AABHE National Conference - Welcome Remarks

Remarks by Dr. Timothy P. White
Chancellor, California State University
AABHE National Conference – Welcome Remarks
Long Beach, CA
April 7, 2016

Good afternoon… and welcome to Long Beach.

I want to begin by thanking Ken Monteiro for his leadership of the American Association of Blacks in Higher Education… and for his commitment over the years to the mission of the CSU.

I also wish to thank Jacqueline Mimms from Cal State Bakersfield and Tony Ross from Cal State LA for their dedication to this association and the CSU.

And I also want to express my deepest gratitude to Cal State Bakersfield president Horace Mitchell… Cal State LA president emeritus Jim Rosser… and Pastor Myesha Chaney for their passionate efforts creating opportunity and excellence for CSU students and the people of California… and to congratulate them on their awards.

It is indeed a privilege to continue our partnership with AABHE as we work together on our shared commitment to ensure quality educational opportunities for our Black students.

And as partners, I wish to share with you where the California State University is heading… where we’ve charted our course… and why our partnerships with AABHE and our sibling institutions are so incredibly valuable for our students, faculty, staff and alumni.

Last year, the CSU’s 23 campuses enrolled over 20,000 students identifying as Black and African American.

Half of the bachelor’s degrees earned by African American students in California came from the CSU… And we employ more than 2,500 Californians who identify as Black or African American… with one-third in faculty positions.

We view these enrollment and employment figures not just as facts for our Wikipedia page… but rather as confirmation of our six-decade-long work to educate all Californians… regardless of one’s race, gender, ethnicity, sexual orientation, sexuality, immigration or financial status.

We know that the educational opportunities we help foster for African American communities today lead to our nation’s successes tomorrow.

We also know that California is an economic and social leader… we are one of the national trailblazers for higher education… and that the rest of the country look to us to lead the way forward.

We know that the social, economic and political imperatives at stake compel us to push forward on improving access for Black students… and making sure that we overcome the challenges and obstacles that prevent students from graduating at the same rates – and within the same amount of time – as their peers.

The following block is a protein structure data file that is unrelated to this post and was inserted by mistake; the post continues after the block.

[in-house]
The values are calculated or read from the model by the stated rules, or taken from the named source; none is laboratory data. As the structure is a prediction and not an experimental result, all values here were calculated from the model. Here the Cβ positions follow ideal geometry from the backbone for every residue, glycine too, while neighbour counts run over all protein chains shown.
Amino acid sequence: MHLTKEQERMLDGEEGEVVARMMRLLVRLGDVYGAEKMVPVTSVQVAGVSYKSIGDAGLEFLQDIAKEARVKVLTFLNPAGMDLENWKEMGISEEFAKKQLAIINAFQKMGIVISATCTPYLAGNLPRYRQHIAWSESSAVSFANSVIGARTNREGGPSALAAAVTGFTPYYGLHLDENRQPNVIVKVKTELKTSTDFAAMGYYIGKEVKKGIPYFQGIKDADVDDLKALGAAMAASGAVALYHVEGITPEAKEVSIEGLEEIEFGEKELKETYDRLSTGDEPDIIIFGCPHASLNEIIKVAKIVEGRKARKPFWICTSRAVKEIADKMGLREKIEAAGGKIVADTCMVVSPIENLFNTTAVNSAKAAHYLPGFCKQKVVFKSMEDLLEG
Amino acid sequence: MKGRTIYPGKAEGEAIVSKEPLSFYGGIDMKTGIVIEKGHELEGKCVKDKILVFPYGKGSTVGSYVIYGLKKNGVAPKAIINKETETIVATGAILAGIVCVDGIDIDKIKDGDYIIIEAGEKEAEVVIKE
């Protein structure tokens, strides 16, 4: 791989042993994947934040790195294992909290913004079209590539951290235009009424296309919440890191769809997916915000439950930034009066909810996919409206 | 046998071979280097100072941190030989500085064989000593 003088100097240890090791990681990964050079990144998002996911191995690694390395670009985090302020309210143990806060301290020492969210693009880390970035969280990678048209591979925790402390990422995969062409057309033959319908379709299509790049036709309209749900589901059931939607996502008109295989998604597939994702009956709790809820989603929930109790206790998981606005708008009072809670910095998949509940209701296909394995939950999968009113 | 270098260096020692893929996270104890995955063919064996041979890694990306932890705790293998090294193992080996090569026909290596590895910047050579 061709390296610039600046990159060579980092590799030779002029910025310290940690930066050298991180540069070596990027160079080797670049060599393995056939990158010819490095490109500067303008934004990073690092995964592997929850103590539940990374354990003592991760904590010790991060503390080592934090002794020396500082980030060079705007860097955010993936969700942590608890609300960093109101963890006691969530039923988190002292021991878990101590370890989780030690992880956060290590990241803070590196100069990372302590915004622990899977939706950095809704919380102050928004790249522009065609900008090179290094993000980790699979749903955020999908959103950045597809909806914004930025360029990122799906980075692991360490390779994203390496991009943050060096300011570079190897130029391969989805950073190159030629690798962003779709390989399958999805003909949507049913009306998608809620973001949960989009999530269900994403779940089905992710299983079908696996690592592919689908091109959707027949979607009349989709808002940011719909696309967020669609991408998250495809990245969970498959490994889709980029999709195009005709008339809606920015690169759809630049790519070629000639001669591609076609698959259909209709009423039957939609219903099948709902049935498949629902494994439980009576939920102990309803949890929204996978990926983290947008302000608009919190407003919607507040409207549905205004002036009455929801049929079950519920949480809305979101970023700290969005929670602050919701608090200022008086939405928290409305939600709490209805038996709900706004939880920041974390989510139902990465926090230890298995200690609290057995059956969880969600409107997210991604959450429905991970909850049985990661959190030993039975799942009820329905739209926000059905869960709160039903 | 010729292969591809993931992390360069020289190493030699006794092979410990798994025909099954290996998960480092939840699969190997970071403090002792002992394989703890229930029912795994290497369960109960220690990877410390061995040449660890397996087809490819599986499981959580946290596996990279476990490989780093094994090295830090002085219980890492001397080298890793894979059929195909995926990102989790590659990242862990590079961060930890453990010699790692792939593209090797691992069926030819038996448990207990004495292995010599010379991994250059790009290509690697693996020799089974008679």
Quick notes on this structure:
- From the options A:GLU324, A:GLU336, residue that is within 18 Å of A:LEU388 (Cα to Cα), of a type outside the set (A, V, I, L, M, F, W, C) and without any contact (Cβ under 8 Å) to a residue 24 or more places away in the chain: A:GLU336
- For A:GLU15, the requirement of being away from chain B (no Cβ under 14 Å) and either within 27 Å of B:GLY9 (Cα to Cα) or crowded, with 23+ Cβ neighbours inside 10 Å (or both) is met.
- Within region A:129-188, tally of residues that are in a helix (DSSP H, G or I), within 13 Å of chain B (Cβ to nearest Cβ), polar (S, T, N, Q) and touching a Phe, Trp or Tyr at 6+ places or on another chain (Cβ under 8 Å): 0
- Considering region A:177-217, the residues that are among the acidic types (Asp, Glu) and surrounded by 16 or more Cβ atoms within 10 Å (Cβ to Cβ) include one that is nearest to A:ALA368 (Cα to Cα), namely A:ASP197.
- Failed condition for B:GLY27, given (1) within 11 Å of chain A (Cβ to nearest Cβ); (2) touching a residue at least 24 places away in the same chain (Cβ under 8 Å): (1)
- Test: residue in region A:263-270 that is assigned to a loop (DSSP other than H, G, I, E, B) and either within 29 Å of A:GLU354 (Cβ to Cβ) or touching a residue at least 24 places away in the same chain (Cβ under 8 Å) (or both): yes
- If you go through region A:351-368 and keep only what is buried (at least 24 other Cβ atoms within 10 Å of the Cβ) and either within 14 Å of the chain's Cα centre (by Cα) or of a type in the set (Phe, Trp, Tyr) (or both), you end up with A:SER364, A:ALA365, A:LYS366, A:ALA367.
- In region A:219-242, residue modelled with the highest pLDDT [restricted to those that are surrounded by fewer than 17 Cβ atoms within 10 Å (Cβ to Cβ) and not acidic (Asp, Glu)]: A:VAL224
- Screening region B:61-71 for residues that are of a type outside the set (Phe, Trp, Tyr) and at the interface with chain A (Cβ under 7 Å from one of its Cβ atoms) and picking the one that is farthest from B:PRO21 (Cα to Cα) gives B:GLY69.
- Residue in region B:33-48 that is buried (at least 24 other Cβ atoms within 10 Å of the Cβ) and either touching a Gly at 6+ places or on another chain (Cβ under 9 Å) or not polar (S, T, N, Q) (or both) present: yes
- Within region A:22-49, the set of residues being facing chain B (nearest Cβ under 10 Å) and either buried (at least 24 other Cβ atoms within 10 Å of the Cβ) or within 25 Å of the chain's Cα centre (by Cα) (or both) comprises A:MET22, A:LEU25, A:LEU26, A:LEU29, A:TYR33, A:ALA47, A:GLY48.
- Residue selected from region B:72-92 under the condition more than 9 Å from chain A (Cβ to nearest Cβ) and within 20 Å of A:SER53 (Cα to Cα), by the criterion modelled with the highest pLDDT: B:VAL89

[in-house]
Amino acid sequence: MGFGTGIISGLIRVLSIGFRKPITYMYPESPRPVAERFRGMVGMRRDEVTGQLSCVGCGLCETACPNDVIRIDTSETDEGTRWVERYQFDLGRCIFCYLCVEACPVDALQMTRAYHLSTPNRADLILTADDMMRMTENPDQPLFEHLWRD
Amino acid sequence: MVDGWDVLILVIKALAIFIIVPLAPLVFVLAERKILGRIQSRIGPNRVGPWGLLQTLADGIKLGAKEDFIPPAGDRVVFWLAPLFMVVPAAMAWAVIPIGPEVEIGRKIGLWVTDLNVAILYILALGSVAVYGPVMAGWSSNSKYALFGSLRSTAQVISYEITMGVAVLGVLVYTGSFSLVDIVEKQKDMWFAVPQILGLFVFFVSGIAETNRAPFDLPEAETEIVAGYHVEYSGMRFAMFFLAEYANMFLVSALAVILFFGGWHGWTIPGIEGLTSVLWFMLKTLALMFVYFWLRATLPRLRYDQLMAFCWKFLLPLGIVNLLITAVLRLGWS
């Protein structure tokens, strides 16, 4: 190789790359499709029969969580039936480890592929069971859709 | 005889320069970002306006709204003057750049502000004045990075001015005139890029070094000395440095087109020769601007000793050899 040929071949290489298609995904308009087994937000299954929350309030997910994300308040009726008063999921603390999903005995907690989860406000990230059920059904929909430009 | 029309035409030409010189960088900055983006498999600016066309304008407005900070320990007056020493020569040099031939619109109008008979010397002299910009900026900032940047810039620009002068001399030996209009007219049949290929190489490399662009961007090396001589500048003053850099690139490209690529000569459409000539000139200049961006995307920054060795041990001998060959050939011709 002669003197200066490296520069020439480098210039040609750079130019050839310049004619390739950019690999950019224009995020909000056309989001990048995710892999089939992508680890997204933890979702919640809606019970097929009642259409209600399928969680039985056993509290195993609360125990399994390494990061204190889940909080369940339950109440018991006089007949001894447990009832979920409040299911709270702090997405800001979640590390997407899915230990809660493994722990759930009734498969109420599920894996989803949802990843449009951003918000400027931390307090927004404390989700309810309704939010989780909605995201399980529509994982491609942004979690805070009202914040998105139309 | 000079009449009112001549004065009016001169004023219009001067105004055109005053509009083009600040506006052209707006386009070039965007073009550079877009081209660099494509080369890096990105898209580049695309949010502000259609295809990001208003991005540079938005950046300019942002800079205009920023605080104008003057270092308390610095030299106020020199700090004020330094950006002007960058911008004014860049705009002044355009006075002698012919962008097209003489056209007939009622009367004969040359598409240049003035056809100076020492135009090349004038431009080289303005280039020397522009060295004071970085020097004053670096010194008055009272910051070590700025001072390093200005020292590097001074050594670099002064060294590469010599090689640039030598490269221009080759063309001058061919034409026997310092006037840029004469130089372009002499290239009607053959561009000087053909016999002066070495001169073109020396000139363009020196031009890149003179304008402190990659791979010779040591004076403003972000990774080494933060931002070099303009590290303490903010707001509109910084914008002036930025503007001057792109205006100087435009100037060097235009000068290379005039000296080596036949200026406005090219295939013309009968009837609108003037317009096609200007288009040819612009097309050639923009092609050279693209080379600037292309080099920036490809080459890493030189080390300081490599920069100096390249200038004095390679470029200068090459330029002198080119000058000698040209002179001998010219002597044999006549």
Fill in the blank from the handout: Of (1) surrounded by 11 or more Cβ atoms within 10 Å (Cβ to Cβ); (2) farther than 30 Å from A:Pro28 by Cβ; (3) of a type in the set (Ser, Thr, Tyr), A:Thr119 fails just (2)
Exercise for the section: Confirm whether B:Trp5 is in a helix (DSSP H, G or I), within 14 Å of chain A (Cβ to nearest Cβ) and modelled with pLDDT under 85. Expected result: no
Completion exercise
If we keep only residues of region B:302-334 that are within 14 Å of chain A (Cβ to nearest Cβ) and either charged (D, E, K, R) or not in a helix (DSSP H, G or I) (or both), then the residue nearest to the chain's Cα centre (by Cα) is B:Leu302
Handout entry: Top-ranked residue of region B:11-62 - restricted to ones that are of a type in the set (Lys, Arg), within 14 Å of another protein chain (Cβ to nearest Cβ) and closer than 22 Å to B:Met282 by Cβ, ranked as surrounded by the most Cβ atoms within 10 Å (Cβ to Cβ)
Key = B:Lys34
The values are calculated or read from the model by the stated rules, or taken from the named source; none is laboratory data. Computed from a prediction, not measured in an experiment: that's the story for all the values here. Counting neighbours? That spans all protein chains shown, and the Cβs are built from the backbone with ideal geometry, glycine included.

Our Graduation Initiative 2025 is a vital effort toward this imperative. Yet… the objectives of Graduation Initiative 2025, however noble, are only steps in the right direction.

Our ultimate goal in the CSU – I call it our moon landing – must be a quality bachelor’s degree for every Californian willing and able to earn it… with an achievement gap of zero.


That means the same opportunity to succeed for every student.

That is how we empower the disenfranchised. That is how we achieve both inclusivity and excellence. Only together.

We are indeed making progress – and while I think the moon is indeed still in sight – we still have a lot of work to do to reach our ultimate goal.

Yet, I’m bullish on this front, because I know that the CSU has the right people in place to achieve this goal.

We have engaged students, an excellent faculty and terrific support staff. But for the CSU to succeed, we also need the people of California committed to our goal.

The only way for us to make consequential progress on any of our shared goals is to empower those who have been disenfranchised… and provide those previously excluded from quality educational opportunities with the tools needed to earn their degree.

Fifty-one years ago… the Watts Rebellion forced many in this state and country to come face-to-face with the decades and centuries of discriminatory policies and attitudes that deliberately and systemically blocked access to quality educational opportunities, among so many other things.

At the time, then-Governor Pat Brown… father of our current governor… held the revolutionary idea that education – and only education – can lift up individuals, families and communities.

And from the activism and ashes of the Watts Rebellion rose Cal State Dominguez Hills… which this year, celebrated its 50th anniversary… and now boasts nearly 100,000 alumni, with nearly two-thirds living, working and succeeding within 25 miles of the campus.